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She Trains Miniature Horses For Therapy
When it comes to horses, Pine Island, Minn. trainer Bonnie Prestegard thinks small. Her under 34-in. tall horses are cute, cuddly and trained as therapy animals for vulnerable people of all ages.
  “I started working with miniature horses because I saw the amazing bonds they form with elderly people,” Prestegard says. “As a very caring person myself, I saw training as a way to bring comfort and care to many others.”
  Prestegard offers a 12-week program where she trains a horse and handler together. Upon completion, the handler receives a certificate of achievement listing the tasks the horse and handler have learned. She also offers individual lessons and 2-day workshops if people can’t commit to a 12-week course.
  “I teach the animals to be comfortable around people and different noises, how to cross over gutters, holes and different levels of ground. Horses will go inside, so we train them to walk hallways and be in small rooms around people,” Prestegard says.
  One of her training methods involves dressing the animals and handlers in costumes and attending show competitions. It teaches both the handlers and the horse how to act around others, how to walk in a straight line, stand at attention and enjoy being obedient.
  Her own horses are her stud, Billy the Kid, who she bought in 2011, along with Gracie, Lilly and Pearl. She says all of them love people, love attending events, and bring smiles to faces young and old.
   “When we’re around small children we let them pet the horses, groom them and braid their hair into pony tails. Our horses love this attention and will stand for long periods of time as kids are near them,” Prestegard says.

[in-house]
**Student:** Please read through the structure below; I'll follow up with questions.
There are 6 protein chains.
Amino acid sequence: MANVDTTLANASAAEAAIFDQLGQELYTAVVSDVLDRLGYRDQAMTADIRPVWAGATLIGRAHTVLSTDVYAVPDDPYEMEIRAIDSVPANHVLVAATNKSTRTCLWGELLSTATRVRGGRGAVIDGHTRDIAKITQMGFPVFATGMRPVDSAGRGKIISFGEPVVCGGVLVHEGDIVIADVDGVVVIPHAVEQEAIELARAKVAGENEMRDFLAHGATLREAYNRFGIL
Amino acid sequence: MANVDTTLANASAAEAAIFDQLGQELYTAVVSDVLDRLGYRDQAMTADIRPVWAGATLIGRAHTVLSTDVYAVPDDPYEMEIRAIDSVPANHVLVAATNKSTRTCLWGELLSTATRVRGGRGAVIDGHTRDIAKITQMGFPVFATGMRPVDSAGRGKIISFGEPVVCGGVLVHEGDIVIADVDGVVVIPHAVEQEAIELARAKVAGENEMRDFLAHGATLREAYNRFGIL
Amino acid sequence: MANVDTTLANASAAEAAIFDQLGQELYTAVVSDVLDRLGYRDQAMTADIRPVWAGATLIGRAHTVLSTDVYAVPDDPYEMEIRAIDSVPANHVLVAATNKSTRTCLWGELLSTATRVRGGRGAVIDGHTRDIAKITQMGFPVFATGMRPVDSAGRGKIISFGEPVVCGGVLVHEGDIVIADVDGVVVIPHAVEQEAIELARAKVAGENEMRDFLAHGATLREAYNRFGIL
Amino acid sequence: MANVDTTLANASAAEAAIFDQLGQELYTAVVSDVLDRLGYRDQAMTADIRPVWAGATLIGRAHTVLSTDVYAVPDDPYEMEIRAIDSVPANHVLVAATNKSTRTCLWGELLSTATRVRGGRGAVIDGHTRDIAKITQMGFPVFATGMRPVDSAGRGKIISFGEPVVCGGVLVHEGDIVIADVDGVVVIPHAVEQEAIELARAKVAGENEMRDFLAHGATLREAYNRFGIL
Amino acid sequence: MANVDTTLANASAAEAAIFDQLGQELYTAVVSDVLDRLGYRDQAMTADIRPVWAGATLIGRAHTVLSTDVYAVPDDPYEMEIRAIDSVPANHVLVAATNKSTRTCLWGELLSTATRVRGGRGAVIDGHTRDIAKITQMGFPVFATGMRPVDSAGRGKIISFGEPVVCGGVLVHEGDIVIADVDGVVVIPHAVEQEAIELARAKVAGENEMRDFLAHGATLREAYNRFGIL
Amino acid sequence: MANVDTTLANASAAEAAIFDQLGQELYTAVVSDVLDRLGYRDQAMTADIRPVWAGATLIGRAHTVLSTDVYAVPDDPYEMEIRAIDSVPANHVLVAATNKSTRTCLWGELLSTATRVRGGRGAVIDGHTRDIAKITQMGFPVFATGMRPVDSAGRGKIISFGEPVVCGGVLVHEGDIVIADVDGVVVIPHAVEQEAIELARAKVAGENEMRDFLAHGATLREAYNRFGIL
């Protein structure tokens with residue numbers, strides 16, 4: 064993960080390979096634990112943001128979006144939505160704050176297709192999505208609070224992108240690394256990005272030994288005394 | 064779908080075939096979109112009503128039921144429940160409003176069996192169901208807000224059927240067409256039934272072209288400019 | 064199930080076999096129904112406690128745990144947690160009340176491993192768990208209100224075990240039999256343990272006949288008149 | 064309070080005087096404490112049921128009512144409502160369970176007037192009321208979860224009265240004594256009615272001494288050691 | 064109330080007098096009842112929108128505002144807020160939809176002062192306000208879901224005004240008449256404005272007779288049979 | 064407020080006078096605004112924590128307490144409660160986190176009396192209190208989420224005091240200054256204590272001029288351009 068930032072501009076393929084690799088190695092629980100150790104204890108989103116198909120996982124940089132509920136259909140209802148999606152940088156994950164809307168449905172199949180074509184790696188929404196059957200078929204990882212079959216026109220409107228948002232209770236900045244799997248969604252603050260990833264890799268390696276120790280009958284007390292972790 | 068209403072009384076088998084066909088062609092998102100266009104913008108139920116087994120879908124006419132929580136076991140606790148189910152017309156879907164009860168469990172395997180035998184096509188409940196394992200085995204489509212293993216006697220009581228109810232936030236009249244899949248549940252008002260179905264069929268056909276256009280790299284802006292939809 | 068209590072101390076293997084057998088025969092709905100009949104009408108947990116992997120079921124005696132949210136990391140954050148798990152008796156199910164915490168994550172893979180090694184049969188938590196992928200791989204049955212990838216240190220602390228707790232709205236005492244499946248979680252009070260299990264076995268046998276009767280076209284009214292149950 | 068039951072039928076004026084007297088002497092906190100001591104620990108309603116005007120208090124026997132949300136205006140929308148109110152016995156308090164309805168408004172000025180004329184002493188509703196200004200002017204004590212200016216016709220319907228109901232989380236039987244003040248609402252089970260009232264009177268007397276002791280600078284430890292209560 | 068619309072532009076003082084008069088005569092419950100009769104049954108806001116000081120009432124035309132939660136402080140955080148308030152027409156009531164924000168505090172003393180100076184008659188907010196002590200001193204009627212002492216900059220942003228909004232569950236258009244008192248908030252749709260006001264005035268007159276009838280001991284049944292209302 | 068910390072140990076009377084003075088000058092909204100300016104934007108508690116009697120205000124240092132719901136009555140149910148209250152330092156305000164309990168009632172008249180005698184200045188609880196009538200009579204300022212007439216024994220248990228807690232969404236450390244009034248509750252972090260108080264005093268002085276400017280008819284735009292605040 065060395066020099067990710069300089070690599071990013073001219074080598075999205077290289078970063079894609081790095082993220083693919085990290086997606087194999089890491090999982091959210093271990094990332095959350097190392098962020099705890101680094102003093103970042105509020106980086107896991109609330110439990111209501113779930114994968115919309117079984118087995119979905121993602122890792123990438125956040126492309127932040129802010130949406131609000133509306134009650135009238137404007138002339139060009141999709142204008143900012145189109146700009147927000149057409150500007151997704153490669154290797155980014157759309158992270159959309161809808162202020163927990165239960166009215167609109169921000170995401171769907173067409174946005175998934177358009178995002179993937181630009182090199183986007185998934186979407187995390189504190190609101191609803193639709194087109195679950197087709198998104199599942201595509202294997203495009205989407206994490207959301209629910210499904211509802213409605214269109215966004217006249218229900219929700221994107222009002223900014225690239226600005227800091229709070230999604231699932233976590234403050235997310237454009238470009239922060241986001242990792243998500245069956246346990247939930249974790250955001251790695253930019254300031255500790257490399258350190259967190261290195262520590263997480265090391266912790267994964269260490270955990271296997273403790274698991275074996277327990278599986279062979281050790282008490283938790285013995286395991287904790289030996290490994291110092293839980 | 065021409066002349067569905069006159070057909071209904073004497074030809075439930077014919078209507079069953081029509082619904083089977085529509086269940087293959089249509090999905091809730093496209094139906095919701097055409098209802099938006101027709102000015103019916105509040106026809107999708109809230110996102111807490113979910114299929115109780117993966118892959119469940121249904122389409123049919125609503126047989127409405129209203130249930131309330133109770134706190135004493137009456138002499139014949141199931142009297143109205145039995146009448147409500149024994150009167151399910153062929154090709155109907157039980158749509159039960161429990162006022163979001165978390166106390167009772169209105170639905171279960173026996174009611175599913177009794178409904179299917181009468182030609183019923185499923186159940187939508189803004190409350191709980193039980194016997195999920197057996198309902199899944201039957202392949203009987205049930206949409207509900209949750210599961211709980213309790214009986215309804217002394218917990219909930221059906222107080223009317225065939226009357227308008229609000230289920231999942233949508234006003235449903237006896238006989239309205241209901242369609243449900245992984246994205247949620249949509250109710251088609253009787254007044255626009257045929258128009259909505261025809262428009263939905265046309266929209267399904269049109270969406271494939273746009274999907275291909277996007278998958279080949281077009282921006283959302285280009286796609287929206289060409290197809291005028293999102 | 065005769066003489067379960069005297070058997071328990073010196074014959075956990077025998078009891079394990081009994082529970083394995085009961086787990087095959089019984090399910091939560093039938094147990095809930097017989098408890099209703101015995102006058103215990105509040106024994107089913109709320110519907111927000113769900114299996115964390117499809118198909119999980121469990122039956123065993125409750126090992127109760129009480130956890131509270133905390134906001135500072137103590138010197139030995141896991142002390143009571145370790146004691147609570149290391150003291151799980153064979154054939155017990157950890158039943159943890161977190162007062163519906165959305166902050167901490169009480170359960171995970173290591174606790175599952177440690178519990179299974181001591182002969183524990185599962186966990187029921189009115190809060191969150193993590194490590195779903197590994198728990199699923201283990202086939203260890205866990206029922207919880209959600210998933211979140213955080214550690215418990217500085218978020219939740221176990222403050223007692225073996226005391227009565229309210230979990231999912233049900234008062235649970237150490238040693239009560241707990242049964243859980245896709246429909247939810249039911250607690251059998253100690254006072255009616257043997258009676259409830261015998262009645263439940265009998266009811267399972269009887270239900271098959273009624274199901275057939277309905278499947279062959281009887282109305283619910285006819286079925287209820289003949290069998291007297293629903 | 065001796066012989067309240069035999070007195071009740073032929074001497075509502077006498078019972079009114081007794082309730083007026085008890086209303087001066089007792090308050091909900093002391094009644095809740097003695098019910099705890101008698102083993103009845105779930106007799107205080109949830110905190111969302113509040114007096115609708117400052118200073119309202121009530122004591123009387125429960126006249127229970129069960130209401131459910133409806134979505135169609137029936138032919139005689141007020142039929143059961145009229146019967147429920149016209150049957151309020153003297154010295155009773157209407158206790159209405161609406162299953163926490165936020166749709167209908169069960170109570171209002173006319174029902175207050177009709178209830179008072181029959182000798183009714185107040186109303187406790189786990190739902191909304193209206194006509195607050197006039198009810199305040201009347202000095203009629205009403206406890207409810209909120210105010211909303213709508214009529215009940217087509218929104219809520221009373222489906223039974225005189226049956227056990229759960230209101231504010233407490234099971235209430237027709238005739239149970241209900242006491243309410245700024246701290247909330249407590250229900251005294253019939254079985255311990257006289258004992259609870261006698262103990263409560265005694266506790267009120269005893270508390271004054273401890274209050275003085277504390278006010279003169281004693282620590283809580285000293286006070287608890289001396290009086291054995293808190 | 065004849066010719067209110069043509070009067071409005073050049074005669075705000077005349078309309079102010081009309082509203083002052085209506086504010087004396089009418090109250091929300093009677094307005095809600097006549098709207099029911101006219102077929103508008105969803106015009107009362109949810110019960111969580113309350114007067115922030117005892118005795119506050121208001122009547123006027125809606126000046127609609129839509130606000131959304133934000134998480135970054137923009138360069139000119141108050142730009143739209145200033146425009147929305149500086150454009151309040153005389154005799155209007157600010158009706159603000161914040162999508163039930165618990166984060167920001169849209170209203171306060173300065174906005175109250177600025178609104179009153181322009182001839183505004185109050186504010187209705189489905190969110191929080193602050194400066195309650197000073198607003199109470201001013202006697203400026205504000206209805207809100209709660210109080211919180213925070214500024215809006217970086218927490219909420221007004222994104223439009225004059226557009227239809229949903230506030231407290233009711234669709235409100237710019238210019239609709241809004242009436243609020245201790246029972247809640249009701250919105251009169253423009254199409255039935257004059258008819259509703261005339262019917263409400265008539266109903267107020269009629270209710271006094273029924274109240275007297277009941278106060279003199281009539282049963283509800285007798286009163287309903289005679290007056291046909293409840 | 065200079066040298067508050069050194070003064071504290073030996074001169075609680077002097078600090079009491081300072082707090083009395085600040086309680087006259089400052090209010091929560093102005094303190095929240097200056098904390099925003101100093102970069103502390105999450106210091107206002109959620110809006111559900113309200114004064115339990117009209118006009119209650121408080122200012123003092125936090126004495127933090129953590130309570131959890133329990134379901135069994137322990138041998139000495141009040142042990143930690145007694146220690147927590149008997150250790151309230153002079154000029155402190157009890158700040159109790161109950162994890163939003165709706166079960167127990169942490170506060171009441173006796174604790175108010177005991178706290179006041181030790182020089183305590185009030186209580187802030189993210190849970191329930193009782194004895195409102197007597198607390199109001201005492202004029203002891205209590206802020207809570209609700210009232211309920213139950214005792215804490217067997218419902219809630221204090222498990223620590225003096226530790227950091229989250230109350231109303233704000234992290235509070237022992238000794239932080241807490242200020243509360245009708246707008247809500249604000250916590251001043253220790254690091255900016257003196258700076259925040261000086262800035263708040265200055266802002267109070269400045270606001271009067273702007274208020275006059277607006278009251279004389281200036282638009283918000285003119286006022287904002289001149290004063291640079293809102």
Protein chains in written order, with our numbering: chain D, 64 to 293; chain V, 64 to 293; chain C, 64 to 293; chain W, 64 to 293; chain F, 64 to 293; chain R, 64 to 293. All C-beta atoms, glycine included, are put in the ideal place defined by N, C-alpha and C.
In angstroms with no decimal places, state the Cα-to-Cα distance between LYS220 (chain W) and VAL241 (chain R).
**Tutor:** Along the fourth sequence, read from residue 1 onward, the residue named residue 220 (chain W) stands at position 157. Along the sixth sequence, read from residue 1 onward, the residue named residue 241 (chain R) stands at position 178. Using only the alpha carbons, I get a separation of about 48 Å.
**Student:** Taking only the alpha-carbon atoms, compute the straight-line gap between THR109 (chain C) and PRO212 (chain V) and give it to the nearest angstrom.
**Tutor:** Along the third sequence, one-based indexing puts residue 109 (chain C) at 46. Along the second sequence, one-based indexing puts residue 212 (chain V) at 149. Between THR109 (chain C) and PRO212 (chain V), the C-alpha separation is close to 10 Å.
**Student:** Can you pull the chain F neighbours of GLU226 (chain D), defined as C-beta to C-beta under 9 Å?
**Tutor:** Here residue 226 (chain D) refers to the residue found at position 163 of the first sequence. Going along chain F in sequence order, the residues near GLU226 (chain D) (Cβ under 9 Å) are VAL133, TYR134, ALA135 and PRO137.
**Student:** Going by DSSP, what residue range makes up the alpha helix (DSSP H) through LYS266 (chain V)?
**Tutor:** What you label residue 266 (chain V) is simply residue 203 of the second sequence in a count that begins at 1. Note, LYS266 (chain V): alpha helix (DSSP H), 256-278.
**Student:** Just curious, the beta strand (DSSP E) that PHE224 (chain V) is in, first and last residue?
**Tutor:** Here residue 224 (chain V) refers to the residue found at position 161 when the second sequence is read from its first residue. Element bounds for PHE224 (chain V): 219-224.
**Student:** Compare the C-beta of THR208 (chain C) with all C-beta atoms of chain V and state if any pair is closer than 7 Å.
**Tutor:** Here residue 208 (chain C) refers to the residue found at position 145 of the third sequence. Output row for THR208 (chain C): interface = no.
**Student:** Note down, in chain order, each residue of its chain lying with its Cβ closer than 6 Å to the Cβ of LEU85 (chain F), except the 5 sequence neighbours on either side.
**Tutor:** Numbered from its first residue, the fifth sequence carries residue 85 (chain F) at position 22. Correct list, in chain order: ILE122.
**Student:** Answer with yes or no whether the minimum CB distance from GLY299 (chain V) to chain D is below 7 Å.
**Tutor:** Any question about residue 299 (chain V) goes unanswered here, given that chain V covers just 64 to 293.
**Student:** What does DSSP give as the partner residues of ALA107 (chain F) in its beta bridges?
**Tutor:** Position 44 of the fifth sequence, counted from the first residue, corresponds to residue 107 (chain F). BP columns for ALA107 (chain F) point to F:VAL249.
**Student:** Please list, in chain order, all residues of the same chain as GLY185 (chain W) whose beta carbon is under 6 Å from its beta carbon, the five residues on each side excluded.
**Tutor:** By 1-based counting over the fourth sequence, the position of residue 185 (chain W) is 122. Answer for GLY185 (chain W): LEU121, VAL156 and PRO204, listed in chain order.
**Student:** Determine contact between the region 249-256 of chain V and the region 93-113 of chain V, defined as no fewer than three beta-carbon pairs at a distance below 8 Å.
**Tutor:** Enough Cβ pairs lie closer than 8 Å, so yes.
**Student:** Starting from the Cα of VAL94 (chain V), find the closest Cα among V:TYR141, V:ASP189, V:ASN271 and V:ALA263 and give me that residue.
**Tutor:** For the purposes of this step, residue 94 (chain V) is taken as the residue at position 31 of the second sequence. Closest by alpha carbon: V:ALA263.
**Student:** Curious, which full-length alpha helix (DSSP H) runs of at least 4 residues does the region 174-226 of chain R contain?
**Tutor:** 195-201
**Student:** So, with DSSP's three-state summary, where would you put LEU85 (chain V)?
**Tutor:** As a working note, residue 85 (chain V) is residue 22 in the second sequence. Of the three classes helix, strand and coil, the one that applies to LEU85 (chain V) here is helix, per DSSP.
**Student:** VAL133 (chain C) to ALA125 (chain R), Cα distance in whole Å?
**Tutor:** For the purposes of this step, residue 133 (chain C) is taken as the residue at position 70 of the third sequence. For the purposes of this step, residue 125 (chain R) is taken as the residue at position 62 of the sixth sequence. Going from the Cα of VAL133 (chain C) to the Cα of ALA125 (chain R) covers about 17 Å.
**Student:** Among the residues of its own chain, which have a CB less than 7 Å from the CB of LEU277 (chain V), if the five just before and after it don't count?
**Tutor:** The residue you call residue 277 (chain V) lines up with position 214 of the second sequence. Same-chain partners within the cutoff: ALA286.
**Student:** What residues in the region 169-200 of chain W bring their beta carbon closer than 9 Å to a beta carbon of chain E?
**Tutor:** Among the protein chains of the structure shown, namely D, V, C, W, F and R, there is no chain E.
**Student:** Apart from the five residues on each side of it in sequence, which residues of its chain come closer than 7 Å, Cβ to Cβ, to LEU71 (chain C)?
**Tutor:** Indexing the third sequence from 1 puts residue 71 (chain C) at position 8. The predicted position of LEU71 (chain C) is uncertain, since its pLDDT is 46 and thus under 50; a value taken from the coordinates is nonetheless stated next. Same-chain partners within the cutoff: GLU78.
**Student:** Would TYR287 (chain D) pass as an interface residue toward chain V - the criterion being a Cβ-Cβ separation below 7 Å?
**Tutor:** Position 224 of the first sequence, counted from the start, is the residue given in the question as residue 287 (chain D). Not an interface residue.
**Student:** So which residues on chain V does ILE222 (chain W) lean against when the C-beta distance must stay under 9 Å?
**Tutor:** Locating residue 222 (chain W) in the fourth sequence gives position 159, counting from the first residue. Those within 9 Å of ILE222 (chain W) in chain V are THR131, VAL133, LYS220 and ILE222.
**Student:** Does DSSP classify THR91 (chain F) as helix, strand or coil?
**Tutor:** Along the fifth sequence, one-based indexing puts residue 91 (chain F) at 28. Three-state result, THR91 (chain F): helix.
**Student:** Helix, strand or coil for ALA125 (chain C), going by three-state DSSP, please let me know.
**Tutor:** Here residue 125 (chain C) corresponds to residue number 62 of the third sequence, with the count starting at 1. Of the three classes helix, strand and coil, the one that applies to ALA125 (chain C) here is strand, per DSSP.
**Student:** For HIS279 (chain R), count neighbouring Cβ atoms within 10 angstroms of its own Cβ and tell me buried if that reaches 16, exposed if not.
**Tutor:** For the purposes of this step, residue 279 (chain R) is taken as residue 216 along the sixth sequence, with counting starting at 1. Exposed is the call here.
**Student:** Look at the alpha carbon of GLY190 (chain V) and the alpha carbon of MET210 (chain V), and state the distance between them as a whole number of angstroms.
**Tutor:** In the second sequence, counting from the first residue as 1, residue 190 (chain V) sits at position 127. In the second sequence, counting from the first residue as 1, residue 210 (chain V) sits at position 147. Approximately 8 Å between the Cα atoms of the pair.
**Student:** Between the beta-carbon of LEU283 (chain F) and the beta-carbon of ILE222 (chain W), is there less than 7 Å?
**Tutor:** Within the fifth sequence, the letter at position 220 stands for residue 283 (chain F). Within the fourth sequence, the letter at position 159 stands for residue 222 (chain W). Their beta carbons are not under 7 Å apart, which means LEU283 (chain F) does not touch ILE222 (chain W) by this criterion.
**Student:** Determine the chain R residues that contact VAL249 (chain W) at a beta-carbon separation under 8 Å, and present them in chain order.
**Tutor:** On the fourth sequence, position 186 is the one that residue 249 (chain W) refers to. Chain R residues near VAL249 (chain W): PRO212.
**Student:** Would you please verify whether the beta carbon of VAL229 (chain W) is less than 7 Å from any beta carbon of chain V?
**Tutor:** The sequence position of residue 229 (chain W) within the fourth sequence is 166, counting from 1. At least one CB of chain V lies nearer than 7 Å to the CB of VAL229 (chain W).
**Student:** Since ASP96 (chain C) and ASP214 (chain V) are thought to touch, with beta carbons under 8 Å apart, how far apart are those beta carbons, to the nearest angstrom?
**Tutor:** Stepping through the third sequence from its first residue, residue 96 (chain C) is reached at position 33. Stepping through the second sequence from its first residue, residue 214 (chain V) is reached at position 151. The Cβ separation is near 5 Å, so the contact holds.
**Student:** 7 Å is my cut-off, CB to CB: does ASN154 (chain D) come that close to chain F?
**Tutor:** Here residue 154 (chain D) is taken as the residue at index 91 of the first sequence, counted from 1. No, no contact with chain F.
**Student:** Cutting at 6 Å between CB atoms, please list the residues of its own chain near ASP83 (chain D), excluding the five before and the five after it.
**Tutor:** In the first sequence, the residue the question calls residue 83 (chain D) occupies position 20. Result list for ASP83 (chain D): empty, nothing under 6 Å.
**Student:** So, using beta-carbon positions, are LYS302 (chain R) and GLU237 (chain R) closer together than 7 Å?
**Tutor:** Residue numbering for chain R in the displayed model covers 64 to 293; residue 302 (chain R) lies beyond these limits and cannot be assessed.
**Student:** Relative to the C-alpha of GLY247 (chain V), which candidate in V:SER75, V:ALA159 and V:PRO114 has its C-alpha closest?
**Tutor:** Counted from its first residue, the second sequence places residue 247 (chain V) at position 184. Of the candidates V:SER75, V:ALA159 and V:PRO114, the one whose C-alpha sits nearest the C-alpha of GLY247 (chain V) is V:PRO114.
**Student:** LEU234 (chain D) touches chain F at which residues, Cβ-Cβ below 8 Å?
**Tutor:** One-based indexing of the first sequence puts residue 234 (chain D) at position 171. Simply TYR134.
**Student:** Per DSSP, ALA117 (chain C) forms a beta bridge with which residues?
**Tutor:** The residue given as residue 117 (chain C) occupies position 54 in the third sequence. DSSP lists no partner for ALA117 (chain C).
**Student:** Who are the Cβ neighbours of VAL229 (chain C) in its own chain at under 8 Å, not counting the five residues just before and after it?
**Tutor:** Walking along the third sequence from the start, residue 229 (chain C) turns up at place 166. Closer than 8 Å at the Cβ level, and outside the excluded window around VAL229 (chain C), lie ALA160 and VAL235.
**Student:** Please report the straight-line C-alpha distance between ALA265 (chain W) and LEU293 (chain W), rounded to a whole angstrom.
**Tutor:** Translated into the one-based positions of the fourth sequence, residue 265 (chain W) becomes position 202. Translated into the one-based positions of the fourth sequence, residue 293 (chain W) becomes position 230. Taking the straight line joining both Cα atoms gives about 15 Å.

“Visiting the elderly is a very unique experience for me, the horses and the residents. Seeing a small horse almost immediately brings smiles to people’s faces,” Prestegard says. “As the horse goes closer to an individual, the person reaches out to touch it, not thinking about the stiffness in their arm. This is real comforting therapy because it isn’t painful. Gracie is very sensitive to people’s reactions and doesn’t force herself on them. She’ll lean into a person’s lap, nuzzle them and take away any apprehension they have. It’s a breath of God’s goodness in these little animals and I’m so thankful to bring this type of care forward.”
  Visitors are welcome at A & B Ranch, where Prestegard allows them to groom and walk the horses, enjoy a horse fashion show, dress and dance with a horse, and see how they’re cared for. Reservations are required. Volunteers can also work at her ranch from May through October to learn her therapy concepts and work with the horses.
  Contact: FARM SHOW Followup, Bonnie Prestegard, A & B Ranch, 10061 County Road 113 NW, Pine Island, Minn. 55963 (www.abranch.net).

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2019 - Volume #43, Issue #1